Out the back and down the steps a crowd of highly vocal people were practising songs from Chinese operas, cymbals clashed, gongs, rattles and drums strummed wildly. Nearby some people were playing mahjong and a continuous rattle came from the table as the players slammed their pieces down. In the front tenement, the wireless was playing swing, every now and then an English disc jockey changing the music. Chatter and laughter was all around, except in our corner where it was quite peaceful, doubtless with respect to the gambling fraternity and the scholars discussing philosophy!

A journalist I once met at Ngong Ping monastery thought that the stability and happy appearance of so many Chinese under adverse conditions has to do with their upbringing. A child is carried on mother’s back or, if she is busy, then on the backs of older children, brothers or sisters. Kids of five or six hurry about with the lolling baby strapped to them. Babies are not left alone for hours in prams or alone in the lonesome dark of rooms at night. Somebody is always with the child and, as it grows, it meets so many people that all the sharp edges of character are worn smooth. The children of the boat people can handle sampans alone at five or six. Commonly one sees a kid of six or less manfully rowing with the great stern oar, almost as heavy as the child, swinging the little craft from side to side across the water.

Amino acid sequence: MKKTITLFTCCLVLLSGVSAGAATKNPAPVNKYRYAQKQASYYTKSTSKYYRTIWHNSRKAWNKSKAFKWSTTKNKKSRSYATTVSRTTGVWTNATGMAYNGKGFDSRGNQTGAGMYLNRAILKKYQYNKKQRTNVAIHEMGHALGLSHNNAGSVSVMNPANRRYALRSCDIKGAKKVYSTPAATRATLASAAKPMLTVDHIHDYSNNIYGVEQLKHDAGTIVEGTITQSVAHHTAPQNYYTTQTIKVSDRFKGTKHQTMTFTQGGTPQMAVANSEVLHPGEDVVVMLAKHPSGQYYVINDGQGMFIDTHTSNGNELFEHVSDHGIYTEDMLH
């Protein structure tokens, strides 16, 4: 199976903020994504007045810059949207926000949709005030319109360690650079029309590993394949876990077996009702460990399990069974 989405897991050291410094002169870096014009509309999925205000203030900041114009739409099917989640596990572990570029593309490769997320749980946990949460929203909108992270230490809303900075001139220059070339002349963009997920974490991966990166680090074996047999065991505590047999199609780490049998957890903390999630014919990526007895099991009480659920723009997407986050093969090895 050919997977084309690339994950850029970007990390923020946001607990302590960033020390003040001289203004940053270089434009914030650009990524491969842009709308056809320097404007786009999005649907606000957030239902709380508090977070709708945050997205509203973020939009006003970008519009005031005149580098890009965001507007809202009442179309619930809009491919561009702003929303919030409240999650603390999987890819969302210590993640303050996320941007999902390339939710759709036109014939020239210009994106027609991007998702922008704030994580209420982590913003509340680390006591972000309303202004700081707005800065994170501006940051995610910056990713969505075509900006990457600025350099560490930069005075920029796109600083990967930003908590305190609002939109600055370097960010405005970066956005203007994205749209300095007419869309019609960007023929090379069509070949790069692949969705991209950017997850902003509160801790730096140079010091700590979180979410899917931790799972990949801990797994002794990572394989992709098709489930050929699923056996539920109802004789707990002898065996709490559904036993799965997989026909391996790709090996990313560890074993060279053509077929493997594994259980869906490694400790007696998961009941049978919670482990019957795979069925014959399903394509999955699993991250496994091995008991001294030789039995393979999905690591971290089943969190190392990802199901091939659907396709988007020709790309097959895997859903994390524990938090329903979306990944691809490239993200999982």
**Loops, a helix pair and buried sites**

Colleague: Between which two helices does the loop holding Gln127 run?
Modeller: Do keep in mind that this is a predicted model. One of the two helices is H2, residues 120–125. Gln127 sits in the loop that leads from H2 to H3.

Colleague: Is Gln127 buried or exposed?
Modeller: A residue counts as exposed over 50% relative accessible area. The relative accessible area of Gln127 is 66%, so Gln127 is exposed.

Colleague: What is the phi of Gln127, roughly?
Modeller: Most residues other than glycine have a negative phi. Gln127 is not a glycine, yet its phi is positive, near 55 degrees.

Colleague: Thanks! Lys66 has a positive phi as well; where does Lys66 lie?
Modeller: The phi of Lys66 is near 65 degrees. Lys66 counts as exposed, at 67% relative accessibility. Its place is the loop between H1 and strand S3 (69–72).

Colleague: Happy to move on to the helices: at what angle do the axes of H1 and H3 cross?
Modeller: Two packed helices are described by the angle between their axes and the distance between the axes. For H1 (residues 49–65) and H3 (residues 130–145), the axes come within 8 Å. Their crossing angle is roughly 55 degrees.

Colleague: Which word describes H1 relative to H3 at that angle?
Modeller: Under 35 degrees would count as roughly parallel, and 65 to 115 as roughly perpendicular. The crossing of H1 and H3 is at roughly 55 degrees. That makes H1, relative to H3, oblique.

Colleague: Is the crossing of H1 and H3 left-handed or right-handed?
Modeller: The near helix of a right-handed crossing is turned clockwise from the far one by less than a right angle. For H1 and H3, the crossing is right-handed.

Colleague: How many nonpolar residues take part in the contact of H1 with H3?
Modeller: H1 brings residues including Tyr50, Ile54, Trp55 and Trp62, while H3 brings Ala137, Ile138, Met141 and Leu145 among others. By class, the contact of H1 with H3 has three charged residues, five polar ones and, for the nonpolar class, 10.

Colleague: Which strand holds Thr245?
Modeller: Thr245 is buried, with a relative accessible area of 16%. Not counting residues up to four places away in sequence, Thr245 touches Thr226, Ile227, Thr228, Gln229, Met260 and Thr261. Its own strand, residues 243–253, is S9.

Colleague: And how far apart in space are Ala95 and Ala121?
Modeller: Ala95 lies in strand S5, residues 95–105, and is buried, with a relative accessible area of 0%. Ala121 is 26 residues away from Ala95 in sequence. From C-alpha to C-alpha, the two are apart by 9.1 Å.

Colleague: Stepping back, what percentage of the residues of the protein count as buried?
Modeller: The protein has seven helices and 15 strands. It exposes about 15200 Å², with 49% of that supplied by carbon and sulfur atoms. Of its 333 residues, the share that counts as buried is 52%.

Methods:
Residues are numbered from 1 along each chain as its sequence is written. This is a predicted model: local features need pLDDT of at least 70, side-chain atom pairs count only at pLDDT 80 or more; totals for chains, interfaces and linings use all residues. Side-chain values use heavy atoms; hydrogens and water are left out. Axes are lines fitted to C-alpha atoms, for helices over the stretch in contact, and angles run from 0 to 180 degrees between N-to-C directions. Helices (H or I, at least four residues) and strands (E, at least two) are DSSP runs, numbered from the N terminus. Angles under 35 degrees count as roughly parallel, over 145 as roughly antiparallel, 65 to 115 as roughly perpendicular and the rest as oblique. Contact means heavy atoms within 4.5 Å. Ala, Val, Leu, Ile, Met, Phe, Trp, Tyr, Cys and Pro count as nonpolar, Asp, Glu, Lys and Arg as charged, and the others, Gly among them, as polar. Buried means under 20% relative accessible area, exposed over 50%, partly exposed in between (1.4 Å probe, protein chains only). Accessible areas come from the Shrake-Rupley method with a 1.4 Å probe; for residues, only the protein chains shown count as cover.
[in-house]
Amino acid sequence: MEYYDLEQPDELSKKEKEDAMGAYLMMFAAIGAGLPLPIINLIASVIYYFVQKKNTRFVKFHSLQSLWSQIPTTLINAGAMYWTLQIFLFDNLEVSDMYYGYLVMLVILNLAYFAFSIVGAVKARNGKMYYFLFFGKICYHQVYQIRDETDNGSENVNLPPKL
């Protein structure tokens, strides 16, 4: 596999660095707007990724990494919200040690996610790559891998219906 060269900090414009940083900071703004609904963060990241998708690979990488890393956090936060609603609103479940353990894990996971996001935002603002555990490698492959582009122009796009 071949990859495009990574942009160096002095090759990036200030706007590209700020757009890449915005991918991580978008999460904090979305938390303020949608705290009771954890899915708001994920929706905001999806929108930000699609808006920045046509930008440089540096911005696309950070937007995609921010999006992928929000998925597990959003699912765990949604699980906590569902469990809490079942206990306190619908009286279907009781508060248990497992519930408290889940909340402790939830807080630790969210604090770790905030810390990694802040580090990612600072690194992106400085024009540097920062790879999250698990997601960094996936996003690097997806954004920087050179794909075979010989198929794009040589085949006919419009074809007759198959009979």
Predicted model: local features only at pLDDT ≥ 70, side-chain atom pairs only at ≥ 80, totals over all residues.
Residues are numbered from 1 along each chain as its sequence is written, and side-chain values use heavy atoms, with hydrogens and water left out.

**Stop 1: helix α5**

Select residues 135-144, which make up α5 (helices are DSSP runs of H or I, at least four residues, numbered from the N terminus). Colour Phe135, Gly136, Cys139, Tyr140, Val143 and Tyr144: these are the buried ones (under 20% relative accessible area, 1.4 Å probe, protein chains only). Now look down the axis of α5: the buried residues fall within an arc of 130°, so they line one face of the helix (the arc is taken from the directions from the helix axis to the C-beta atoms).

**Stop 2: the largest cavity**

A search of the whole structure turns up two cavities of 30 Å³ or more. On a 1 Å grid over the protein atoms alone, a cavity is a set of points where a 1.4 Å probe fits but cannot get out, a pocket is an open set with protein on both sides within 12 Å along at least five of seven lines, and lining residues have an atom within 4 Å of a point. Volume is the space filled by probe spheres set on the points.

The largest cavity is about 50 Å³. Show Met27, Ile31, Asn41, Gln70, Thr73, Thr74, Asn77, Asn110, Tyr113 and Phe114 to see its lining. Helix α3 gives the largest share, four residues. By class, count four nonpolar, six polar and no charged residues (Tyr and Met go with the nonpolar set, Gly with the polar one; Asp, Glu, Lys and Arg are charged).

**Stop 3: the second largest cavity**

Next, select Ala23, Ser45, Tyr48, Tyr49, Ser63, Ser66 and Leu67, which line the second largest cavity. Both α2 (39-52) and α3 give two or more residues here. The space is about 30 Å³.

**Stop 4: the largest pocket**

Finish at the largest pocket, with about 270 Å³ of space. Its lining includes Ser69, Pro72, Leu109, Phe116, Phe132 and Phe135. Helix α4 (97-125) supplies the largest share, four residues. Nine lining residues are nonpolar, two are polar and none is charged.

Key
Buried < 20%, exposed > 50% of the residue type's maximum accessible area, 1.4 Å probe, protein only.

The crush of humanity brings a certain security but, for those who wish to study or think for themselves, this massive pullulation of people, so characteristic of China town life, can be depressing. I was soon to learn the extent of Yannang’s reaction to it.



Cross-cultural vision

To walk and talk with Yannang, visit his home, meet his relatives, look at his books, sit in the room protected by the family shrines and offerings to gods while the old men gambled and mahjong rattled was an entry into a new life. Any European can see these things from the outside but to participate in Chinese life in their company gives a new insight and constitutes a challenge. The effort and strain is often considerable, although unnoticed at the time. It would be easy to offend in some breach of etiquette, to do or say something repugnant in Chinese eyes.